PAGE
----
Merri and I observed this kind of universal cooperation in the chants and consequently mentality of the advanced Andean shamans… that everything… “even the worms in the earth” the shaman used to say is part of a universal cooperation. When they plant their crops… they plant an area for themselves and a portion for the wild animals to eat because they are a part and parcel of our total being.
The sounds, the singing… the combination of the beats, rhythms, tones and words create a powerful useful meaning in the chants.
This is why we use music and rhythm in all our Super Thinking courses and seminars now.
Another quote from the National Geographic article explains the deep power within music: When I ask university students in Kyzyl what Tuvan words are untranslatable into English or Russian, they suggest khöömei, because the singing is so connected with the Tuvan environment that only a native can understand it.
The article tells about Andrei Mongush and his wife says: They work as musicians in the Tuvan National Orchestra, an ensemble that uses traditional Tuvan instruments and melodies in symphonic arrangements. Andrei is a master of the most characteristic Tuvan music form: throat singing, or khöömei.
khei-àt means air horse or a spiritual place within.
Ai-Xaan Oorzhak throat sings and plays the igil, or horse-head fiddle, with bow techniques like “make horse walk.” Singers use the term “air horse” to describe the spiritual depths they draw from to produce the harmonic sounds.
We can see how alike chants and songs from varied cultures are by listening to a Tuvan singer and then an Indian Vedic chant.
If these thoughts make sense, then we may be able to at least partially answer this profound Vanishing Languages which asks, “What is lost when a language goes silent?”
The sad answer is that mankind loses a unique window into reality and a special way to state truth and we lose words that can lead us to truth.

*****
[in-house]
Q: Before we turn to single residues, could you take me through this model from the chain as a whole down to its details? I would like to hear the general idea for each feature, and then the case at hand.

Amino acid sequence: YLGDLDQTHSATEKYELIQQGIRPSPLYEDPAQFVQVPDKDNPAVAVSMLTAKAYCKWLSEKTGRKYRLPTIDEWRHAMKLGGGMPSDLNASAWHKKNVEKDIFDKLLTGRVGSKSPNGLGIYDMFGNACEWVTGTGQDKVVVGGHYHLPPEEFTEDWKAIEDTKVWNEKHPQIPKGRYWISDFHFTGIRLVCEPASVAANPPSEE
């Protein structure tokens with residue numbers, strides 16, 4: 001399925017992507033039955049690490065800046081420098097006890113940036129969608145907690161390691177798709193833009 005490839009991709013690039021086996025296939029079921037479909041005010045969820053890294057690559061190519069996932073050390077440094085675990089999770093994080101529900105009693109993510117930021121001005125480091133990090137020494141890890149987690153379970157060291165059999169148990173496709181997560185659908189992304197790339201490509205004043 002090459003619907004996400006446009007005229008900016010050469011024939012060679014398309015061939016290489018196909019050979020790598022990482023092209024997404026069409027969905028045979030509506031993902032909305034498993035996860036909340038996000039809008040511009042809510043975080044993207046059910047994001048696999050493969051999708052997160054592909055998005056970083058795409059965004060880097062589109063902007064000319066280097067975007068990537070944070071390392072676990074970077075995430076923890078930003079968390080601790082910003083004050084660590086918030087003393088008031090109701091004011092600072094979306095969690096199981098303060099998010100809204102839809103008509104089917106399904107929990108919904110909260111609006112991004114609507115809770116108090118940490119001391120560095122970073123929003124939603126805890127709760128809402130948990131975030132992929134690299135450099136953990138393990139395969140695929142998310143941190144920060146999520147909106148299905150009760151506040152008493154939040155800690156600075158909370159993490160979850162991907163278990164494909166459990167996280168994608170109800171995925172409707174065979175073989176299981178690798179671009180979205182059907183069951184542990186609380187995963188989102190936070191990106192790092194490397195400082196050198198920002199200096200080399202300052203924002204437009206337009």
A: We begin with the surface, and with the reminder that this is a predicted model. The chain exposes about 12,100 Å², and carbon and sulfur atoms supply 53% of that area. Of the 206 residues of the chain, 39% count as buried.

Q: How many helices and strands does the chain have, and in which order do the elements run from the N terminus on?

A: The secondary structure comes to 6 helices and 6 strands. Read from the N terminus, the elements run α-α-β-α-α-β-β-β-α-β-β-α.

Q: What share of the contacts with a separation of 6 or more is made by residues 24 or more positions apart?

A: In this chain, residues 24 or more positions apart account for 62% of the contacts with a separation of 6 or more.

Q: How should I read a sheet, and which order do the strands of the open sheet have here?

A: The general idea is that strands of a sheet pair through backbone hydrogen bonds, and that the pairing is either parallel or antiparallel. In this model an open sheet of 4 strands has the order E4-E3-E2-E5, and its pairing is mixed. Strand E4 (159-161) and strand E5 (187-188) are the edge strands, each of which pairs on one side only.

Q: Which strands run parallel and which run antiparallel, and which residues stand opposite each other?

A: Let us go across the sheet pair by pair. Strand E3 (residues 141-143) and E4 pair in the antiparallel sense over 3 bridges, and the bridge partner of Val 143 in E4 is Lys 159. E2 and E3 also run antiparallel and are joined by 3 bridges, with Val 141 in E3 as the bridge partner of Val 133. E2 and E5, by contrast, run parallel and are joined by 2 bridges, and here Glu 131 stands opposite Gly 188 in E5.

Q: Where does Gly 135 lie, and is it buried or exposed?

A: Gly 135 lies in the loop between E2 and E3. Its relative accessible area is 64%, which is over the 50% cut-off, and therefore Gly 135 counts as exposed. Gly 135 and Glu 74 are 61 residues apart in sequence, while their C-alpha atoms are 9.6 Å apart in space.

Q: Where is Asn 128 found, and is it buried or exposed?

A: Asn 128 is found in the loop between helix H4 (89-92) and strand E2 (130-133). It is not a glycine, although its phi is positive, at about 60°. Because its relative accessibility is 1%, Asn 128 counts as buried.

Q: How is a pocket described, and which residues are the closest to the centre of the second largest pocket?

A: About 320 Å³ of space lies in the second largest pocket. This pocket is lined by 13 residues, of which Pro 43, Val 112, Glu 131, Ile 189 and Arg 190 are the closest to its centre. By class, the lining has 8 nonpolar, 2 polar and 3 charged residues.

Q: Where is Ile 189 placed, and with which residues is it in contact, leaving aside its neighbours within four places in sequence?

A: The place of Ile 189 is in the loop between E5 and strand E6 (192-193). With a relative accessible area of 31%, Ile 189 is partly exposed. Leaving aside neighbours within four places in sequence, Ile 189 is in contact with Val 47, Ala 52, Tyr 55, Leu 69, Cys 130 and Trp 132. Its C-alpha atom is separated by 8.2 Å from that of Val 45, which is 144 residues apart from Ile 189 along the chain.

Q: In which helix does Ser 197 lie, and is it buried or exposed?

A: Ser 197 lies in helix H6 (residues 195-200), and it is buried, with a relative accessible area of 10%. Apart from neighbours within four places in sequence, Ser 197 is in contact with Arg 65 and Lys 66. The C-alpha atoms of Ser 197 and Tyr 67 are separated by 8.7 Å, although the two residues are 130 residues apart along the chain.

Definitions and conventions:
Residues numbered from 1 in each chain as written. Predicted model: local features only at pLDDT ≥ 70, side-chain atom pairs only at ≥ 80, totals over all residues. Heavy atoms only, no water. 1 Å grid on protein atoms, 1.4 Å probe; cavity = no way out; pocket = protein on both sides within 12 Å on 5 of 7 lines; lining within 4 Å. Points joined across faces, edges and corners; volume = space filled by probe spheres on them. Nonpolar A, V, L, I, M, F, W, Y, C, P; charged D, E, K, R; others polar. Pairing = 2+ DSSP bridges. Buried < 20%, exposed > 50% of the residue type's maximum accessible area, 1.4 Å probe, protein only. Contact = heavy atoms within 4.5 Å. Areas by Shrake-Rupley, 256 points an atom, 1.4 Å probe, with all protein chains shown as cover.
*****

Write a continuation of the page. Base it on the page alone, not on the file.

Fortunately we can improve our lifestyles by gaining greater unison with positive truths when we look for agreements in the ancient wisdoms that we can apply to our daily activities in the modern world.
The National Geographic article also provided a clue about how to learn a language when it said: Andrei and his wife also speak English, which they are teaching themselves with pieces of paper labeled in English pasted onto seemingly every object in their modern kitchen in Kyzyl.
The key to speaking a language well is to use it and use it and use it.
This is why our Super Thinking + Spanish courses use music to help the process of absorbing, retaining and recalling the language… plus create a mental bubble that keeps delegates think Spanish so they learn it even when they do not speak it.
Learn how to combine the power of music and 4005 Spanish words you already know as you learn Super Spanish.
Learn Spanish in the Amazon or Blue Ridge
We have added a 3 Day Super Thinking + Spanish Camp to be conducted September 21, 22 and 23 at our North Carolina farm on Little Horse Creek.
In these busy times the farm is a peaceful quiet place to learn.
Here is Little Horse Creek.
The creek starts on our land… fed by dozens of pure water springs. It feeds the pond below our main house where guests meet and flows past our deep woods seminar hall where we learn together.
Creek below the seminar hall.
The leaf change will have begun…(Saturday, Sept. 22 is the first day of Fall)…enjoy the beauty of golden leaves.